Elsie leaves school with her classmates, but she dawdles behind from bouncing a ball. Hans Beckert sees her, and begins to whistle Edvard Grieg’s “In the Hall of the Mountain King.” He approaches Elsie, and strikes up a conversation with the girl. Like any good child predator, he buys her a balloon from a blind man to get no her good side. While Elsie’s mom waits for her daughter to return, Hans kills the girl off screen. We are left to see her ball rolling away from some bushes, and the balloon stuck in some telephone lines above.
Elsie’s murder only increases anxiety in Berlin, but that isn’t good enough for Beckert. He sends a newspaper a rambling note to take credit for the killing, and he promises more soon. The police use the latest techniques of fingerprinting and handwriting analysis to glean any clue they can on this killer.
The process is slow and tedious. Unfortunately, it’s too slow for city leaders and their constituents. They order Inspector Karl Lohmann to step up efforts to quickly solve this case. As part of their increased efforts, Lohmann has some of his men check the records of psychiatric patients that have recently been released; specifically anyone who has a history of violence against children.
While they investigate, Der Schränker (The Safecracker) meets with other criminal heads to discuss the killer as well. The increased police raids are very bad for their business. They decide to start their own investigation into the killer’s identity using beggars as their eyes on the streets.
Time Begins To Run Out For The Killer
Soon, Inspector Lohmann’s detective work pays off. The list of names they received from the psychiatric wards leads to a person of interest—Hans Beckert. The police find evidence in his apartment that he wrote the letter that was sent to the press.
While he and his men wait for Beckert to return home, he is out for a stroll on the streets of Berlin. When he sees the reflection through a store window of a young girl alone, Beckert turns into a Mr. Hyde of sorts. He begins to whistle his killer tune, and pursues the girl. He is only stopped from killing her when the girl meets up with her mother. As Beckert tries to shake off his killing urges, he spots another girl alone, and he sets off after her.
He befriends this little girl, but as they walk along the street, the blind man who sold him the balloon for Elsie recognizes the distinct tune he whistles, and has one of his friends tail the two. Wisely, that man has enough sense to put a scarlet letter on Beckert’s back–a large M–to make it easier for someone to spot the killer should he lose him.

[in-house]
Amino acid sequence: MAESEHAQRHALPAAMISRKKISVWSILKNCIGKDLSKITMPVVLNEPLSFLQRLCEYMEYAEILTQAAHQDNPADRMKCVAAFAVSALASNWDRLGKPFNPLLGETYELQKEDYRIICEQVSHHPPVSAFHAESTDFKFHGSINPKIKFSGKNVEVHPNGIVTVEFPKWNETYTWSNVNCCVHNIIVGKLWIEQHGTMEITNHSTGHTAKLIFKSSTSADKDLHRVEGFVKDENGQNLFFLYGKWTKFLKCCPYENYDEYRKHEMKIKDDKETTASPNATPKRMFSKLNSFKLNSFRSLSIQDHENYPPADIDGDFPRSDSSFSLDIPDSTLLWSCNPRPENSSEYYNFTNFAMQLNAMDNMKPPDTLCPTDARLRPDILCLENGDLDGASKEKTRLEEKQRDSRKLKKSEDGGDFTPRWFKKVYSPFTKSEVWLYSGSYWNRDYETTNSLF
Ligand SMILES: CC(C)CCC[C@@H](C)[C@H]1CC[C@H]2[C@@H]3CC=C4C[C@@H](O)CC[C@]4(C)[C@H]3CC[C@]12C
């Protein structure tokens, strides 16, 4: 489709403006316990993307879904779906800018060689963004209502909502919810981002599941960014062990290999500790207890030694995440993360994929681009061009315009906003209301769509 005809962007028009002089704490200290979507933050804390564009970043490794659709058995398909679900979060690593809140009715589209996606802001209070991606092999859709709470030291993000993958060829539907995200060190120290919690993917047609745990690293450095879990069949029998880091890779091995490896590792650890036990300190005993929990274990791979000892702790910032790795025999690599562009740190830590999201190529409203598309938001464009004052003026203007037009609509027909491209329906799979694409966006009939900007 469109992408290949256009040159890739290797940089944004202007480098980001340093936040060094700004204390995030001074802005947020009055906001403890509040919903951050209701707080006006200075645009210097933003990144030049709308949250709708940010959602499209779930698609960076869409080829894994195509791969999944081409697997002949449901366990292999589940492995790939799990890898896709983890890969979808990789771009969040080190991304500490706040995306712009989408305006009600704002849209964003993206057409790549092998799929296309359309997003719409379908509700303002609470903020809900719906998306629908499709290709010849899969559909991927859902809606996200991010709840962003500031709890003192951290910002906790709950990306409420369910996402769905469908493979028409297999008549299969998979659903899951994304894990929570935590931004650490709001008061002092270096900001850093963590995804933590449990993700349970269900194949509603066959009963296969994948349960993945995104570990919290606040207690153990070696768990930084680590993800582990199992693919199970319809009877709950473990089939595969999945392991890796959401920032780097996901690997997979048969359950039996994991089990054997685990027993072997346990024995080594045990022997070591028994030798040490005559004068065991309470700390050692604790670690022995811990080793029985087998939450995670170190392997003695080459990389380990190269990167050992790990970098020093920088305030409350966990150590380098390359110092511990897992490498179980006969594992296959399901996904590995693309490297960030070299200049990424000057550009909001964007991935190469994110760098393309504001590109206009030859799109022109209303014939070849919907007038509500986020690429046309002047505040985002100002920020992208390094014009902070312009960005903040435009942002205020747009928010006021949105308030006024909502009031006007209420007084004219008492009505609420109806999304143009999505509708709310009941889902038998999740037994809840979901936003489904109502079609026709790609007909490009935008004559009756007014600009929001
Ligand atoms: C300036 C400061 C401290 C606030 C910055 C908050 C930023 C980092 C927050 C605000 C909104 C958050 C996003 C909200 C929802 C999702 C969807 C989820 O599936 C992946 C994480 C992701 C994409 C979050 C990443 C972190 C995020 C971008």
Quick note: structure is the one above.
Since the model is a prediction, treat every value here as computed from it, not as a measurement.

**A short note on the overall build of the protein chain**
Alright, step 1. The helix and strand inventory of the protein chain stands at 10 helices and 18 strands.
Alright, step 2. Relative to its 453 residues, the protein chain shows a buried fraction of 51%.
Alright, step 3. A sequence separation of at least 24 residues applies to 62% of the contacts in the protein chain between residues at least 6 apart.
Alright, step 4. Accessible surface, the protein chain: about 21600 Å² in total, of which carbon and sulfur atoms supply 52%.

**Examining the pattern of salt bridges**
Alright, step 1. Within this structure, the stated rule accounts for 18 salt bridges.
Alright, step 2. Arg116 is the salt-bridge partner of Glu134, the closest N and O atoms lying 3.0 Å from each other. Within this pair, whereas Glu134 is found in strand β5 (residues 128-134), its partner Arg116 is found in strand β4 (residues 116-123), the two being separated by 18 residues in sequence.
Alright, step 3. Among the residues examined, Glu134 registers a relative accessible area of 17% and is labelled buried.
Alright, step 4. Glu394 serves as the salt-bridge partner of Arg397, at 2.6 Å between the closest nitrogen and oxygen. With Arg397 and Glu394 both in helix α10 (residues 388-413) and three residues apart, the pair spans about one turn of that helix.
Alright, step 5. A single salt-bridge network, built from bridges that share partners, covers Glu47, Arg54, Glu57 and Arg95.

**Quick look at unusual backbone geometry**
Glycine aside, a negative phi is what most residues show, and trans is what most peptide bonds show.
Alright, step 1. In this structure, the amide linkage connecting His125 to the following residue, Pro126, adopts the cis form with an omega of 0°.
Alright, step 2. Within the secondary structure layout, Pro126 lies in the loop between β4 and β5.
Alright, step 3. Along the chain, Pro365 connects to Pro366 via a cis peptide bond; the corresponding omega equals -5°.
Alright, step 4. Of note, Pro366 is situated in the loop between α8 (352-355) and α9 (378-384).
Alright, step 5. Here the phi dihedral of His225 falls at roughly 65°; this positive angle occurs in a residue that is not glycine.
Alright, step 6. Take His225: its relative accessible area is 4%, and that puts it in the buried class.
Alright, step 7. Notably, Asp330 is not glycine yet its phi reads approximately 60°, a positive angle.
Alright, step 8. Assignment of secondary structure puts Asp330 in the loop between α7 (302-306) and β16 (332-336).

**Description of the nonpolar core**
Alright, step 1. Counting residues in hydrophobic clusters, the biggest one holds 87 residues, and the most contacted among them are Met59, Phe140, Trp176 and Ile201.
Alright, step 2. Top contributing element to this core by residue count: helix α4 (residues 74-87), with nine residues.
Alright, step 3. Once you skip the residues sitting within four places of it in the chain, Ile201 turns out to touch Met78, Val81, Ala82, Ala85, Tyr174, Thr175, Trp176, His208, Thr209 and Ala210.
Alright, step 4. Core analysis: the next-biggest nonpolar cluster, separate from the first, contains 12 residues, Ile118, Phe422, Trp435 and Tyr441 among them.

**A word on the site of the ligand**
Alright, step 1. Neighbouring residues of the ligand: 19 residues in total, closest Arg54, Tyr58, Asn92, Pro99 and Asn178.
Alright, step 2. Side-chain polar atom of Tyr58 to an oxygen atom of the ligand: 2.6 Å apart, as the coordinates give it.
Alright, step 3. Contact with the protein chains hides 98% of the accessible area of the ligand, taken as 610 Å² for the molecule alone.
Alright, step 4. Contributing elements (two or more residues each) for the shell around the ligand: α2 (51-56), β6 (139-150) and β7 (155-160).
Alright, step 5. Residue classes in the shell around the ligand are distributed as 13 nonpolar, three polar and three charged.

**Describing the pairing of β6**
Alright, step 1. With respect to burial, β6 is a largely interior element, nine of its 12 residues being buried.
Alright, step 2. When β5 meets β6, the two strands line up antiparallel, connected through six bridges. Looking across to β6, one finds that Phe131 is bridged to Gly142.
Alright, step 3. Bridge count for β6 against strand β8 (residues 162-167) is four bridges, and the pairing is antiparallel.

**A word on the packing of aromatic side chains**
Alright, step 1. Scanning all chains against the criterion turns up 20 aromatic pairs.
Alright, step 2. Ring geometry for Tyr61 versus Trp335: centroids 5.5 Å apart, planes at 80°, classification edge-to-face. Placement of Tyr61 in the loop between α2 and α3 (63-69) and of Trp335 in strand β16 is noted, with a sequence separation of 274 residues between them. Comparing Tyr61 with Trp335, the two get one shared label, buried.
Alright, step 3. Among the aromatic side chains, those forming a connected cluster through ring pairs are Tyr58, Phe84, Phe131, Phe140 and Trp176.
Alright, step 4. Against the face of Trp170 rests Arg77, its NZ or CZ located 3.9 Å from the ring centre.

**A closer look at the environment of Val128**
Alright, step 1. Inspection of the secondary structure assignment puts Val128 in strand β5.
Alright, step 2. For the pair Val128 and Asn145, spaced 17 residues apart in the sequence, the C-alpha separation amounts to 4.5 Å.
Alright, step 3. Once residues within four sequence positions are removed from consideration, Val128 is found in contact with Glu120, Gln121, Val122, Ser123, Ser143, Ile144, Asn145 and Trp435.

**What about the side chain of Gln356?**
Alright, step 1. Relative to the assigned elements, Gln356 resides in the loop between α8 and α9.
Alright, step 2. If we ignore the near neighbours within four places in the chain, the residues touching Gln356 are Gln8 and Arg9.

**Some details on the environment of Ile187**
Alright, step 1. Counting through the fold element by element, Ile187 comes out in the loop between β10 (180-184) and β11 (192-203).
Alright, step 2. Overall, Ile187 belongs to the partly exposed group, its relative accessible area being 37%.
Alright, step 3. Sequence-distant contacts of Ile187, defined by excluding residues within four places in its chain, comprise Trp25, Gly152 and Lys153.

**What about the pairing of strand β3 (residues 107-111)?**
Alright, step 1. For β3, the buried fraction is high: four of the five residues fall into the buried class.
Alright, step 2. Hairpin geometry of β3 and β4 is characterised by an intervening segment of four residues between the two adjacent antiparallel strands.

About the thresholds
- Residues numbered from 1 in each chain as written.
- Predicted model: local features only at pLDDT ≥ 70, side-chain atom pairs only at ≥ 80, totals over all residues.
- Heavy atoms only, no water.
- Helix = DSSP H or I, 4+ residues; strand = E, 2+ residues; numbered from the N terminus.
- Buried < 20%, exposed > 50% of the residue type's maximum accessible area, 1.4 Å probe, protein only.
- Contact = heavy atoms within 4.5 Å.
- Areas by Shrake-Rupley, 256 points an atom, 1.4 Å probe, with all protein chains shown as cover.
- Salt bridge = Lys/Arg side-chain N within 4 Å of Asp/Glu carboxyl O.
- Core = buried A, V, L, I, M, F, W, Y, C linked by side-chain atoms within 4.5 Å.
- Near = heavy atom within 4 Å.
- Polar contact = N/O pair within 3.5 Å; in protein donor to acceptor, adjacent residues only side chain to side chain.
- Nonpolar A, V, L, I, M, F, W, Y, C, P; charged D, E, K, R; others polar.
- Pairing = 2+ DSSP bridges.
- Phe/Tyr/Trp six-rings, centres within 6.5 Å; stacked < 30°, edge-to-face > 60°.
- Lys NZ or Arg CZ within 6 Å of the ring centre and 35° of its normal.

Eventually, Beckert realizes he’s being followed, and he runs off to an office building to hide. The beggars call the Safecracker for help, and he assembles a team to capture Beckert once everyone has left the building for the night.
They capture Beckert, but have to hastily flee the building when one of the night watchmen trips a silent alarm. They escape with Beckert right before the police arrive. Everyone manages to exit the building except for a man named Franz. He is arrested by the police, and Inspector Lohmann manages to trick him into revealing the identity of the man captured, and wherehe was taken.
Tried In A Kangaroo Court
The gang of criminals take Beckert to an abandoned distillery where he is tried in a kangaroo court. The “jury” of his peers is the very gang of criminals who captured him in the first place. They give Beckert a lawyer of sorts, and Beckert pleads his case to the silent crowd. He says he can’t control his urges while the criminals judging him consciously break the law on their own accord.
His “attorney” makes a plea to have him tried in a fair court of law. While it doesn’t work, it does buy Beckert enough time for the police to arrive and arrest everyone.
The film cuts to a legitimate courtroom, and as the judge is about to render his verdict on Beckert, Elsie’s mother proclaims that no sentence will bring back their dead children, and everyone “has to keep closer watch over the children…All of you.”